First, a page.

The postprocedural residual stenosis was 0–33% by in-house QCA (mean: 19.3 ±7.3%) vs. 82.9 ±9.1% (range: 61–97%) before the procedure (p < 0.05). No stent thrombosis occurred by 30 days. The mean time of the procedure was 26 ±6 (range: 18–32) min when proximal EPD was used, and for distal embolic protection the time of the procedure was 25 ±2 (range: 17–30) min. Fluoroscopy time was 9.8 ±1.1 (range: 8.1–11.7) min.
Postprocedural carotid Doppler duplex was performed at 24–48 h after CAS and showed that mean peak systolic velocity (PSV) decreased from 3.9 ±1.0 m/s (range: 2.0–7.0 m/s) to 1.1 ±0.4 m/s (range: 0.5–2.1 m/s) (p < 0.05) and at 30-day follow-up mean PSV was 1.1 ±0.3 m/s (range: 0.7–2.7 m/s) (p < 0.05). Mean EDV at 24–48 h after CAS decreased from 1.4 ±0.5m/s (range: 0.85–3.5m/s) to 0.3 ±0.1m/s (range: 0.17–0.6) (p < 0.05) and at 30-day follow-up mean end-diastolic velocity (EDV) was 0.4 ±0.1 m/s (range: 0.2–0.6) (p < 0.05). No significant in-stent restenosis was observed up to 30 days.


The micromesh double-layer self-expandable stent Roadsaver seems to be a significant step in the intraprocedural as well as postprocedural prevention of stroke. This particular type of stent is a part of new family of double-layered stents [1, 2, 7–10].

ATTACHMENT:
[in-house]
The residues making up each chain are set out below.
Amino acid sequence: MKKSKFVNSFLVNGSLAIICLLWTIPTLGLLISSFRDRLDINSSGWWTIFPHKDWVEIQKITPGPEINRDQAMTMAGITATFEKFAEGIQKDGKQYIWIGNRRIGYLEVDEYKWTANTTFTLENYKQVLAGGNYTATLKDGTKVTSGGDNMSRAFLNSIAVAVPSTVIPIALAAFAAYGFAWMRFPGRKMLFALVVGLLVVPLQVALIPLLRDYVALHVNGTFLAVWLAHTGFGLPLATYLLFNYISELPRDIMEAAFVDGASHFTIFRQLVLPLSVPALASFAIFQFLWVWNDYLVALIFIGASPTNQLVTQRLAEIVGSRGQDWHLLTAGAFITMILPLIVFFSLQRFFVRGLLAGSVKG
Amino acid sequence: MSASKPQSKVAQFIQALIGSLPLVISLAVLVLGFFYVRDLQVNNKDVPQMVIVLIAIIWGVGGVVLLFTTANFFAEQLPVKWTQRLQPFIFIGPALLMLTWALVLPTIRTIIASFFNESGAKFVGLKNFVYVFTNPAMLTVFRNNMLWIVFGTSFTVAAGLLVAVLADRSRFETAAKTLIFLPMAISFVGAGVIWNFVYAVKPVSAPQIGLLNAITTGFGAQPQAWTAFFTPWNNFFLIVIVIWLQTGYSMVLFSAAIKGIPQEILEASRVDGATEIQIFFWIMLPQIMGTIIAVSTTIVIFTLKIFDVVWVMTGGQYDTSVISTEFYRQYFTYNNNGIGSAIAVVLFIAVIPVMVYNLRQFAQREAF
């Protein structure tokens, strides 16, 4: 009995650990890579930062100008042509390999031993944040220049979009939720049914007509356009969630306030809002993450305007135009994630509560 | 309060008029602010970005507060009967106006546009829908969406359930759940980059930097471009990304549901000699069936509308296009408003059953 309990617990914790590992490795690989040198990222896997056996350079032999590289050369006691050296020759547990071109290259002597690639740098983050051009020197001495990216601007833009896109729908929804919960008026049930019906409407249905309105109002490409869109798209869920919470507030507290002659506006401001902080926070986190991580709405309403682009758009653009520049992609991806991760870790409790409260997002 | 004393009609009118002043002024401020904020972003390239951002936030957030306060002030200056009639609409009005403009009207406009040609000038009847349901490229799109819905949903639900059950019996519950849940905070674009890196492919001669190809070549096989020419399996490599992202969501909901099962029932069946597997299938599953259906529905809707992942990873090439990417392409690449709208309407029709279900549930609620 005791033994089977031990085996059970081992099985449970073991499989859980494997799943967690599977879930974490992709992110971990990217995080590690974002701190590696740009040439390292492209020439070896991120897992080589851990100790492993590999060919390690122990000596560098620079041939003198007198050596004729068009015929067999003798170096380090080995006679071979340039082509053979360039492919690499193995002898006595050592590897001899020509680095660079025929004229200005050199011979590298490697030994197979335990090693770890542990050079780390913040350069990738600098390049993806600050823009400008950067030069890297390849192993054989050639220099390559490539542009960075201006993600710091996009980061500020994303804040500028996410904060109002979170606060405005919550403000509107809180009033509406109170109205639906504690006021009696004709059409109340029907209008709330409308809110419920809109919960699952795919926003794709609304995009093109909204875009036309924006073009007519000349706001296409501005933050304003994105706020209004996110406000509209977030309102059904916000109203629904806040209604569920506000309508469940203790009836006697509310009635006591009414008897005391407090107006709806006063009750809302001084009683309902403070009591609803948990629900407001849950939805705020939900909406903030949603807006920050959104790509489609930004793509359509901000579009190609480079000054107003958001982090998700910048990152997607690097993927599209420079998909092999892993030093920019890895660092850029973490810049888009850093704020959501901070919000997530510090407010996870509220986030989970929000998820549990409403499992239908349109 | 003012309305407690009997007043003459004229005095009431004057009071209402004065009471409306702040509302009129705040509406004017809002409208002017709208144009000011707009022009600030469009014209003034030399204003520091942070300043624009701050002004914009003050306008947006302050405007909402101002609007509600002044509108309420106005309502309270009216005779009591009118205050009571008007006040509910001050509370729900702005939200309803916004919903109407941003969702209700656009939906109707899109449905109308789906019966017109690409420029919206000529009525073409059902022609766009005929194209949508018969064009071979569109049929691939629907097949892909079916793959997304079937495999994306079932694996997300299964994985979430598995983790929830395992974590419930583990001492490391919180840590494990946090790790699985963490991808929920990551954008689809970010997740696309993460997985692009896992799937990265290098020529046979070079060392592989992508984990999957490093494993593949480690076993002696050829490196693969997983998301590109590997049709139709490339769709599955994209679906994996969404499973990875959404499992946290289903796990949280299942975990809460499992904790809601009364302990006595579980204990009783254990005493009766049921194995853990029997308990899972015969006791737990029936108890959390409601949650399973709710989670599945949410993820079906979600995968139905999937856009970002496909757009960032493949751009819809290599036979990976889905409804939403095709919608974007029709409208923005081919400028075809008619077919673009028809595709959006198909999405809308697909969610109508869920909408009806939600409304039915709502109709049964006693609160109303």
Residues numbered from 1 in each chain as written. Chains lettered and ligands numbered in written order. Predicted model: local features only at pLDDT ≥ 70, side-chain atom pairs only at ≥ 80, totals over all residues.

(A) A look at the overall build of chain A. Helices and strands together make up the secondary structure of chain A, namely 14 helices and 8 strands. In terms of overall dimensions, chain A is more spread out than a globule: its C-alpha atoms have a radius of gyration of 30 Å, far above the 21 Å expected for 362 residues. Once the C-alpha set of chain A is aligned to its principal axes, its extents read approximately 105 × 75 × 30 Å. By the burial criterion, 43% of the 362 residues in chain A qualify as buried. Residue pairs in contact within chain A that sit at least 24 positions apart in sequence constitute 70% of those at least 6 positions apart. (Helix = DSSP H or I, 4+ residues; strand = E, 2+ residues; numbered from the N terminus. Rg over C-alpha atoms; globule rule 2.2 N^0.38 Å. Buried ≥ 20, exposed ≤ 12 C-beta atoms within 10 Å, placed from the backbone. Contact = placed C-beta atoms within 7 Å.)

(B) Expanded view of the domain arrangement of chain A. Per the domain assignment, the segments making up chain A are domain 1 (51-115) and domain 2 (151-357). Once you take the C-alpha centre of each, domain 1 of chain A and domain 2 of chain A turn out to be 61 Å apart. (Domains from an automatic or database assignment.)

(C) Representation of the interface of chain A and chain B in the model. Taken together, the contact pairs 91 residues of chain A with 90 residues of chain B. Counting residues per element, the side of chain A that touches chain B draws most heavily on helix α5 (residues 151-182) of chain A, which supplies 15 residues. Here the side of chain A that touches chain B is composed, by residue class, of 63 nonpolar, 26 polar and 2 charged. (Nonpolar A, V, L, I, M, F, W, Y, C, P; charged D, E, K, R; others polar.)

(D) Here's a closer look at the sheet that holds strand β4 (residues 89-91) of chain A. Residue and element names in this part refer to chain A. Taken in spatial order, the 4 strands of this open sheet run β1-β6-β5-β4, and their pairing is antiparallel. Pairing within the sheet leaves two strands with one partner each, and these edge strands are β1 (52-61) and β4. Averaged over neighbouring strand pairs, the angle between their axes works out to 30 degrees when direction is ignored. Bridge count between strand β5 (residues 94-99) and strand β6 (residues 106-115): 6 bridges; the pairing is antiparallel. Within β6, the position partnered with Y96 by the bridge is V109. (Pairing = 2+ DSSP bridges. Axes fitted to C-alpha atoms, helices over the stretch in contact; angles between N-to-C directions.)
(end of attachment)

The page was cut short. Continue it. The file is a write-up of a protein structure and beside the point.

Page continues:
The Roadsaver stent combines the advantages of open-and closed-cell stents. Open-cell stents may cause fibrous cap rupture, plaque protrusion through the struts and higher risk of embolization, but they have better apposition to the vessel wall than the closed-cell stents. However, they have the advantage of good conformability in tortuous anatomies [2, 11, 12]. Although conventional carotid stents of closed-cell design may reduce the risk of plaque protrusion-associated adverse neurological events [3, 4, 13], this risk is not totally eliminated as the free cell area is at least 1.08 mm2.